–NEW ISSUE OF CHRONIC: ON CIRCULATIONS AND THE AFRICAN IMAGINATION OF A BORDERLESS WORLD – OUT NOW!
What is the African imagination of a borderless world? What are our ideas on territoriality, borders and movement? How to move beyond so-called progressive discourse on “freedom of movement” and “no borders” against the backdrop of deeply Western individualist thinking, something that ultimately keeps up and even reinforces the neoliberal market logic and the nation state (that, as we know, is more and more becoming the security service of a market place, than provider of any social securities of their populations). Much of this discourse is in the pursuit of individual freedoms – broadly framed as “human rights”.
The new issue of Chimurenga Chronic highlights ideas of circulation that include the notion of justice and collective freedoms. Conceptions of community that do not enforce transparency but rather make room for what Glissant called “opacity”. The African world has produced plenty of these, from non-universal universalisms, relational ontologies, refusing that which has been refused to you, and “keeping it moving”.
Largely a bibliographic project, the maps produced for this issue are based on a growing library of books, recordings, essays etc produced on and by the African world. View the Circulations Bibliography here.
(Artwork by Neville Garrick – who made album covers for Marley, Spear and many other prophets)
HOME MEANS NOTHING TO ME
“There was a lot of dislocation, people have come back into the country, a lot of trauma, war trauma, so everyone has a story and they just didn’t know how to share the stories. And Marechera decided to be the story doctor.”
Tinashe Mushakavanhu talks about his mapping project, “Home Means Nothing to Me,” which documents the life and movements of author Dambudzo Marechera in the the city of Harare between 1982 and 1987 upon his return to Zimbabwe after forced exile in the United Kingdom. Created in collaboration with Nontsikelelo Mutiti, with whom his runs Black Chalk & Co. and readingzimbabwe.com, and Simba Mafundikwa, the map appears in full in the April 2018 edition of theChronic, The Invention of Zimbabwe. Get it in print or as a PDF from our online shop, or buy copies from your nearest dealer.
This piece was shortlisted for the 2018 Brittle Paper Awards which seek to recognise the finest original pieces of writing by Africans published online. Read more on the awards and see the other 31 nominated pieces.
NO PASS, BUT NINE PASSPORTS
In her 30 years of exile, Miriam Makeba redefined pan Africanism – performing and speaking around the world, informing the Black Power movement, forwarding the liberation struggle and participating in events that shaped public cultures on the continent and around the world.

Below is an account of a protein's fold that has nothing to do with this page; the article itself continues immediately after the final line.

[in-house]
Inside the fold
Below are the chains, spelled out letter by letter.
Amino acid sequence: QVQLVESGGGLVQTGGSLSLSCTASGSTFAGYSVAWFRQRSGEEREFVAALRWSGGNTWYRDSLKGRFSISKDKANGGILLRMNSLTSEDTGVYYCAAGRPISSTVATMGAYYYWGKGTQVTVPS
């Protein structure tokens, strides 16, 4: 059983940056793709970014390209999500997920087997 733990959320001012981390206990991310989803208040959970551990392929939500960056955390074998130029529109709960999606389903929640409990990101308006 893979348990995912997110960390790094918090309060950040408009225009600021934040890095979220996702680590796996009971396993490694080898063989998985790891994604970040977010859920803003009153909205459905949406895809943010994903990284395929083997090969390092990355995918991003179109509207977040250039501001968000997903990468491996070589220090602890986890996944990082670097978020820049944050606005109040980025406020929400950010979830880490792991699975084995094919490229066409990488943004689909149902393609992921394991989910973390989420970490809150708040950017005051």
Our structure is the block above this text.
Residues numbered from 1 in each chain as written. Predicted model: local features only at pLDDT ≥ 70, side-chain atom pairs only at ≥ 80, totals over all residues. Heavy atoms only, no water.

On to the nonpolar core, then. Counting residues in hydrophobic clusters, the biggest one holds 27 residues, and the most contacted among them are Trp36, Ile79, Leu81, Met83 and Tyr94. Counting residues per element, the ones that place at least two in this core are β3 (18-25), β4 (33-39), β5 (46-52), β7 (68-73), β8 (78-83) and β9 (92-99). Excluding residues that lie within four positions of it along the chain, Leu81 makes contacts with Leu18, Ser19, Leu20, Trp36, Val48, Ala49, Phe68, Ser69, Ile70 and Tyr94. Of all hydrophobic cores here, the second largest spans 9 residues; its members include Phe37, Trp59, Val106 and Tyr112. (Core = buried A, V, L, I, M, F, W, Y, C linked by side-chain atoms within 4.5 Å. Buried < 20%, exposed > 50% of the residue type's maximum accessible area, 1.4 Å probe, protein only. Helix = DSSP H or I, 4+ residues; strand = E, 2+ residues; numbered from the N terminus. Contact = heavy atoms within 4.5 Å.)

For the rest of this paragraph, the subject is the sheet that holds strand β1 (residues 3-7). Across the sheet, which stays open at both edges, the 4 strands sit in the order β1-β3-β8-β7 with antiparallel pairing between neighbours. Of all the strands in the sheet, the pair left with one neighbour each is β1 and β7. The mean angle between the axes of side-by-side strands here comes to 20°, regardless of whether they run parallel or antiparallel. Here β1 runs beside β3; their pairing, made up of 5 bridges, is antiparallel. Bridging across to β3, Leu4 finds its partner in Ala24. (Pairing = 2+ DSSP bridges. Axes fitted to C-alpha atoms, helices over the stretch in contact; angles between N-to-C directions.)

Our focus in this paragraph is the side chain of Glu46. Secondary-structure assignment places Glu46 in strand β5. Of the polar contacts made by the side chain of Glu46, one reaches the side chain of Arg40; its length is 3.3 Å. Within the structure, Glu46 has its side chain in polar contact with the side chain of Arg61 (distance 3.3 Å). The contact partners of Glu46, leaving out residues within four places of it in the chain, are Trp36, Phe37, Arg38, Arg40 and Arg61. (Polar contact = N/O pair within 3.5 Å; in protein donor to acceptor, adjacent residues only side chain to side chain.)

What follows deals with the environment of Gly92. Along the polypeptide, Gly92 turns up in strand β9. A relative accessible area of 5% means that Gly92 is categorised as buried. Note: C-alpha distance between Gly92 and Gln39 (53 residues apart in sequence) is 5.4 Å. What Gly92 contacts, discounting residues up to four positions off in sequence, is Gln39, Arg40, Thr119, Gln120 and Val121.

She was a woman with nine passports and honorary citizenship in 10 countries. But no home.
THE CONGOLESE WORLD OF SOUND
“Dislocation” is how Congolese rumba historians describe the incessant splinterings that are part of the story of every major band – in a music system where the “first to leave” holds the place of pride.
Between 1997 and 2008 the group Wenge Musica lived through 18 dislocations. Many of these ran parallel to the great war in Congo – another major site of dislocations.
In the new Chronic we map Wenge Musica BCBG family tree.
Preview the moves and breaks and explore Congolese World of Sound from the Chimurenga archive: Binetou Sylla – DJ, producer and Syllart label-boss – curates plays a set focused on Congolese rumba and its offshoots; Achille Mbembe explore Congolese music as “an experience of listening”, but also as a social and political act; dancer and choreographer Faustin Linyekula turns up the volume on a soundtrack of ndombolo: “So I can hear the sound of my body and then the sound will get the bodies to move;” and more…
CHIMURENGA LIBRARY – A MANIFESTO/ MEDIATION ON STATE OF BLACK ARCHIVES
After tracking Mingus’s personal copy of Beneath the Underdog ( with a gun-shaped space cut out of it so he could hide his piece) to the Library of Congress and digging through to the stashes of FBI files, Harmony Holiday puts a call out to join in the building of a centralized database that will tell the story of where and when and to whom and for what expressed purpose, our stories or archives are sold.
PAN AFRICAN SPACE STATION – THOMAS SANKARA 31 YEARS ON
On October 15, 1987, Burkinabe revolutionary idealist and Pan-Africanist, Thomas Sankara was killed in a coup d’état organised by his former colleague Blaise Compaoré. In testimony to his ongoing pan African legacy, Casa Hankili So Africa, an art centre for exiled African writers, artists and creators in Mexico, celebrated his life and death in a tribute at last year’s Pan African Space Station (PASS) Popup at Museo Tamayo, Mexico City.
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